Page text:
Should Bully Game Get Punched Out?

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Bully: Just for fun?

Photo: Rockstar Games

Youth workers, beware of this guy: Jimmy Hopkins is a rambunctious 15-year-old boarding school student who gets his kicks from dunking peers’ heads in toilets, putting itching powder in their clothes and exploding firecrackers in their faces. Luckily, Hopkins can only wreak make-believe havoc: He’s the main character in a new video game, “Bully: Scholarship Edition.”

Although representatives of Rockstar Games, which developed “Bully: Scholarship Edition” and its predecessor, “Bully,” say the game is meant to be humorous, a coalition of eight teachers’ unions in six countries, including the National Education Association in the United States, say the game glorifies bullying and violence. They’ve asked retailers to refuse to sell it.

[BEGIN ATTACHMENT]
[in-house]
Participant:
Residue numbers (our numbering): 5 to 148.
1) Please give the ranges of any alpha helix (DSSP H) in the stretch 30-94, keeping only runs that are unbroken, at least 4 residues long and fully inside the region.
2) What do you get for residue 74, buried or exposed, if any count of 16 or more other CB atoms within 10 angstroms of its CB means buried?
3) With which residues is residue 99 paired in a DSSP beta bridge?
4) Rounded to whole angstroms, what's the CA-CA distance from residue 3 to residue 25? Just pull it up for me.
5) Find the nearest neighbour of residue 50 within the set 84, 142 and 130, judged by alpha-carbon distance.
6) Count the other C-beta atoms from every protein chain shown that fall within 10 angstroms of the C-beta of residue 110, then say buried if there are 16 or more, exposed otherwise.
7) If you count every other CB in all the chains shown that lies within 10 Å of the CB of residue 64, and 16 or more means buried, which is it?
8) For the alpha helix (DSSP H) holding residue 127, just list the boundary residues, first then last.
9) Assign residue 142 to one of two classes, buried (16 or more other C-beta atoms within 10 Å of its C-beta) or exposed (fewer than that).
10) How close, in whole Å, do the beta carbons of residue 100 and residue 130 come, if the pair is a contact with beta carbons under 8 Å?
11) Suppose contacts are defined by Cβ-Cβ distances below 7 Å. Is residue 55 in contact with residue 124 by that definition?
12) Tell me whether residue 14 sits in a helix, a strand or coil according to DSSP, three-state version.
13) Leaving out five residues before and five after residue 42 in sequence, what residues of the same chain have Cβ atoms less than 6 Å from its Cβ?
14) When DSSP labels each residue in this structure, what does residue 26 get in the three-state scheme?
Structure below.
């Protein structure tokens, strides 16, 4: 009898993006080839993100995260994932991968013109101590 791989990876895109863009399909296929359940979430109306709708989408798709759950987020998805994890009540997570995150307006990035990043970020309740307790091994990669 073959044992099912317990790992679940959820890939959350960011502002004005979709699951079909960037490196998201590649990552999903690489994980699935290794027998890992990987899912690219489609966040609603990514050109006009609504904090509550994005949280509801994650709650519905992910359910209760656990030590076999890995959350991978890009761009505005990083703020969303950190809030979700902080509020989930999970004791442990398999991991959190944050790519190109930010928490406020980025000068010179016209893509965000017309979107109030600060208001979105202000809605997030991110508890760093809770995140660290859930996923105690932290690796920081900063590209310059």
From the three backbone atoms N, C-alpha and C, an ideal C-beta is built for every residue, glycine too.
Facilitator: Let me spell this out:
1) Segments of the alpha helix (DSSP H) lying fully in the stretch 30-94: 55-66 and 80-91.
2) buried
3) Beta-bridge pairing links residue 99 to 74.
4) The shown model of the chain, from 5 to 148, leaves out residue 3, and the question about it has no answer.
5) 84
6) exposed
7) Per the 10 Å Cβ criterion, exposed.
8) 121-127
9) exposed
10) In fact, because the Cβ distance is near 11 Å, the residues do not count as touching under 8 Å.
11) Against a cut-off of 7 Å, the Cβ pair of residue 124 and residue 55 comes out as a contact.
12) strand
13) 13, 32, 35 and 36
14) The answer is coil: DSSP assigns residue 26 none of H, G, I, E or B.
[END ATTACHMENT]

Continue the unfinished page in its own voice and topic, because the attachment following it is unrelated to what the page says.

But Izzy Kalman, a Staten Island, N.Y.- based school psychologist who writes and lectures on bullying prevention and runs, said the call to ban the game is “ridiculous.” He pointed to statistics that show a 30-year decline in violent juvenile crimes, despite an increase in violent entertainment over the same period, as evidence that video games do not directly influence children’s behavior.

(What can’t be determined, of course, is whether the crime decline would have been greater without such games.)

“This game is only a fantasy and allows us to safely do things we wouldn’t do in real life,” he said. “We shouldn’t take away all exciting entertainment from children.”